On Tuesday (21 July), the publisher Marshall Cavendish Education (MCE) apologised to its readers after several complaints were made that its Chinese-language children’s book, “Who Wins?” includes racist content.

The book, written by Wu Xing Hua, depicts a “dark-skinned” boy with “oily curly hair” named Mao Mao – which means “hairy” in Chinese – who is characterised as an aggressive school bully.

A Facebook user, Umm Yusof, made the first complaint on 17 July asking the rationale for publishing the book as it seems to portray the dark-skinned boy as “irredeemably nasty”, although his appearance is irrelevant to the plot.

MCE responded by saying it will cease the sale and distribution of the “Amazing Adventures of Pi Pi” series – which consists of five books – and will recall copies of the book from retail stores.

Following this, Dr Wong Chee Meng, a visiting researcher for Centre for Chinese Language & Culture at Nanyang Technological University (NTU) took to his Facebook on Wednesday (22 July) to comment on the racial stereotyping depicted in the book.

Dr Wong first said that he was shocked to read comments from a large number of citizens who expressed “why so sensitive” attitudes about this controversy.

He went on to say, “But the shock is not as great as my discovery that the book series has been included in a long list of supplementary reading material since 2018, as found on the website of the Committee to Promote Chinese Language Learning, formed under auspices of MOE.

“If National Library Board is to be deemed culpable for having included the book series in its collection, surely they are not alone in it?” he added.

Negligence from the committee for not scrutinising the content of the book

As such, Dr Wong denounced the negligence by the Committee for failing to scrutinise the content of the book, saying, “It is apparently just a form of negligence of the committee in scrutiny though, for the content of the book series as provided in the list makes no mention of the character Mao Mao, the ‘dark-skinned’ bully with ‘a head of oily curls'”.

He also expressed that the “racialised depiction of a school bully in a children’s book” may “negatively shape Chinese perception” of people of other ethnicities in diverse Singapore.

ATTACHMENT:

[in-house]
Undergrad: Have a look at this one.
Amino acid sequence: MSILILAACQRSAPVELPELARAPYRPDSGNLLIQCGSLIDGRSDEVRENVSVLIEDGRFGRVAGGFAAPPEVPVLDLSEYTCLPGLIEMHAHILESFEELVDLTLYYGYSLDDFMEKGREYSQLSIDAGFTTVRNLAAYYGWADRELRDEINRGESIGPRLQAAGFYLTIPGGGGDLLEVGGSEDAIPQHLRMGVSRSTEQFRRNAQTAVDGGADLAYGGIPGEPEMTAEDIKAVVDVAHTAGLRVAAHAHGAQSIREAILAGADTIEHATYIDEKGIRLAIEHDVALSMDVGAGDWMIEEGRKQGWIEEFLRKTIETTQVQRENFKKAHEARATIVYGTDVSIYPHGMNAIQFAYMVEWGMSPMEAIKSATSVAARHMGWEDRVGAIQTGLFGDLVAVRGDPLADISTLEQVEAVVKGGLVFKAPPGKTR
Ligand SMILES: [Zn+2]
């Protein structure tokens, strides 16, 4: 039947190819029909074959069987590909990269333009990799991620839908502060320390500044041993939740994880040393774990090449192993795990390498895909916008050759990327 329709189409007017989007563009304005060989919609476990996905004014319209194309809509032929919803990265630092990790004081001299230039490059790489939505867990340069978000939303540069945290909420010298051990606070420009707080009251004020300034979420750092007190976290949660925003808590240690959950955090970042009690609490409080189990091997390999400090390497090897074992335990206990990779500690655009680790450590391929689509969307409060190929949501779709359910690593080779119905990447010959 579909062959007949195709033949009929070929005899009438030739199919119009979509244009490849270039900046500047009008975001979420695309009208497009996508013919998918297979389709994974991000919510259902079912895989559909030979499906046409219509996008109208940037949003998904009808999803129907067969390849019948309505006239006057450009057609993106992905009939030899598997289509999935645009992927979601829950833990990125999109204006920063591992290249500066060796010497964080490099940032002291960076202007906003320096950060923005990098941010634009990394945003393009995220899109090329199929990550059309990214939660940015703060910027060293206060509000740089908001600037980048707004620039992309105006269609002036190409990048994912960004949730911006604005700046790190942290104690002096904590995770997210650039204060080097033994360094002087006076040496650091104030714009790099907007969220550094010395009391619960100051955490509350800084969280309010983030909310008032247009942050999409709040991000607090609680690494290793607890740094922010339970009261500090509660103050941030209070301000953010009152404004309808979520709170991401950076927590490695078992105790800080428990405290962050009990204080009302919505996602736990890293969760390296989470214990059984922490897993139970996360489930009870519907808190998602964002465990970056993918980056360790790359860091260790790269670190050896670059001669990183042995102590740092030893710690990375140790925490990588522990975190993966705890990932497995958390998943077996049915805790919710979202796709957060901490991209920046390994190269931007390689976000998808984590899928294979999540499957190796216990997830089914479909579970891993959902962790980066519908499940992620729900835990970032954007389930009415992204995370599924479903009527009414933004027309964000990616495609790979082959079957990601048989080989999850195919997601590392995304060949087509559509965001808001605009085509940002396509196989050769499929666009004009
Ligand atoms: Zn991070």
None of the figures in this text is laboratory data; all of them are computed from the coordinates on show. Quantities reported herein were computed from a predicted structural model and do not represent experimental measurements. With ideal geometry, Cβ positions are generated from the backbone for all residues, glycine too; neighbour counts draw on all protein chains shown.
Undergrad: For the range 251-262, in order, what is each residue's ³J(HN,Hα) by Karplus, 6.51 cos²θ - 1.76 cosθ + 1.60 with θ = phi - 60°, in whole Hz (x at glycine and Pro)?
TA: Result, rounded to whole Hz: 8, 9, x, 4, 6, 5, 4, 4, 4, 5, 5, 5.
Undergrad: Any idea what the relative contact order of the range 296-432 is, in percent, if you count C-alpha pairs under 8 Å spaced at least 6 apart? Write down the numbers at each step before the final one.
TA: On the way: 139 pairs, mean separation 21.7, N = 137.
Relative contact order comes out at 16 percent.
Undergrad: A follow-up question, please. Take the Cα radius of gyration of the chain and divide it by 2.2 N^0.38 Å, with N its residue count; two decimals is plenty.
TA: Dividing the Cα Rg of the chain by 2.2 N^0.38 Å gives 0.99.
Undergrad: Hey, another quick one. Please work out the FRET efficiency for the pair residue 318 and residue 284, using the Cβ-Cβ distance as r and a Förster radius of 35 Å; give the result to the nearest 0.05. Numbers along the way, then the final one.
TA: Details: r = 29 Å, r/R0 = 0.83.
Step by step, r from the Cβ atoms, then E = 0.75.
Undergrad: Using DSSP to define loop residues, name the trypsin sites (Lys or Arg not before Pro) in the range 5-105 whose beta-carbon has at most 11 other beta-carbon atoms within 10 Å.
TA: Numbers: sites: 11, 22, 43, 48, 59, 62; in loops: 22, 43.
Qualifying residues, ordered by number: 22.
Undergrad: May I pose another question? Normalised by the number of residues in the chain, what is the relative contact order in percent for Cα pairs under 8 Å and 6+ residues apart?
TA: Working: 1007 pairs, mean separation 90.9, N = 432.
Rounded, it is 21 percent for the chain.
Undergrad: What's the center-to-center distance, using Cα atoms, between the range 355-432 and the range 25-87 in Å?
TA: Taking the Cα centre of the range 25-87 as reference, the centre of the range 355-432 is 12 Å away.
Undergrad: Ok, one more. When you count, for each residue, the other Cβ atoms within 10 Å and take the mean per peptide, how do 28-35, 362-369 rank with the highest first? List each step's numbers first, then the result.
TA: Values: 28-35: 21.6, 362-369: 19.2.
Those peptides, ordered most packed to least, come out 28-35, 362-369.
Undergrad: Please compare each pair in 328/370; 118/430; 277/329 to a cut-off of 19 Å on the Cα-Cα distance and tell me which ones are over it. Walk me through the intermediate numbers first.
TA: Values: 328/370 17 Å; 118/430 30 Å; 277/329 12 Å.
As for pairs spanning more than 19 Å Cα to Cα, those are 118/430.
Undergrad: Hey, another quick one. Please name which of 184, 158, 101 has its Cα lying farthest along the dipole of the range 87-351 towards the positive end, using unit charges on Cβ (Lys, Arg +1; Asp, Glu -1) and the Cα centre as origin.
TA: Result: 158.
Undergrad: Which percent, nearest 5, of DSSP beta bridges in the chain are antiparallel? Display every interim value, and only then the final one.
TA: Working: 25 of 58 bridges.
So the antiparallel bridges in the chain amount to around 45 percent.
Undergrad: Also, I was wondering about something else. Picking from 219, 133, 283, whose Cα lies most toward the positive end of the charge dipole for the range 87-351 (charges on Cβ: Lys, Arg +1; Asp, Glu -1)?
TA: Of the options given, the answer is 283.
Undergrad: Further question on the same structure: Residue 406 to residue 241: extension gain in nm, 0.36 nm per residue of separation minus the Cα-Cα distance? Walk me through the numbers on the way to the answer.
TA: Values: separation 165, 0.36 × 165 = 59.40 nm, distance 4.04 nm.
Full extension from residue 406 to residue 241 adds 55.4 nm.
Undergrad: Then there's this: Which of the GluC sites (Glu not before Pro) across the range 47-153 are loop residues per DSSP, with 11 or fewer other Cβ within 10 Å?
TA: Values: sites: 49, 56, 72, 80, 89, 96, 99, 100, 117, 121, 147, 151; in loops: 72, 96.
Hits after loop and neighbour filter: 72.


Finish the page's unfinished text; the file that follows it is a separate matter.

“To Singaporeans who think nothing of a racialised depiction of a school bully in a children’s book targeted at readers aged 7 to 9, we are really not overstating how such content may negatively shape Chinese perception of the ethnic other in our diverse society. It is arguably worse than how Chinese parents in the past would scare children into behaving by saying the Indian policeman would catch them,” he wrote.

Contents in the book is deemed as “racial stereotype”

Addressing several points on the contents which he deemed to be “racial stereotype”, Dr Wong said that “the dark-skinned bully” in the story “is apparently a rascal or maverick that has no respect even for the teacher” while the Chinese boy has to learn the art of self-defence to fight back.

He added, “It is one thing having a fictional character of a villain who does random mischief, like Mao Mao’s abuse of the Chinese protagonist Pi Pi’s toy dog in his initial appearance in Book 1 of the series. It is another thing when this character of the ethnic other serves to perpetuate the worst forms of racial stereotyping you can imagine in Singapore, as we see in Book 3 (Who Wins?).”

Other than this, Dr Wong also pointed out other stereotypes such as Mao Mao making Pi Pi do his homework for him, and bullying Pi Pi if the latter does not help.

“Does that not remind you of some stereotypes about Chinese people being hardworking and certain non-Chinese being lazy and hence poor in schoolwork? This is worse, because the non-Chinese here is not only lazy but a crook,” he remarked.

What’s more, Mao Mao is also said to make Pi Pi buy food for him during mealtimes, otherwise he would snatch from Pi Pi, according to Dr Wong.

He commented, “Now this is disturbing on two different levels. Not only is the non-Chinese being portrayed as a leech here, there seems to be an assumption that the Chinese knows best what is delicious, and there is nothing in the non-Chinese cuisine that may be worth trying.

“How sad and unfortunate is such representation, when Singapore has been making efforts these last couple of years to promote hawker food as a manifestation of our cultural diversity?” he noted.

This “unfortunate episode” reminds us to produce more content in children’s book that reflect multicultural ethos in Singapore

Claiming that his point is not to investigate the writer’s reason in coming up with such a negative depiction of non-Chinese individuals, Dr Wong instead suggested that both local born and recent immigrants of Chinese Singaporeans “may all need to reflect on the source of such racial stereotyping in our colonial history”.

With this “unfortunate episode”, he also believed that it serves as a reminder to the public about the need to produce more content in children’s book that reflect a multicultural ethos in Singapore, either through “nostalgia of kampung life or through celebration of the diverse cultural heritage in Singapore”.

“Perhaps there are fewer and fewer writers among Singaporeans who can produce content in ‘good Chinese’, but if we are unable even to nurture such interest, what is the whole point in inspiring the young ones to read and write in Chinese, beyond doing business with China?”

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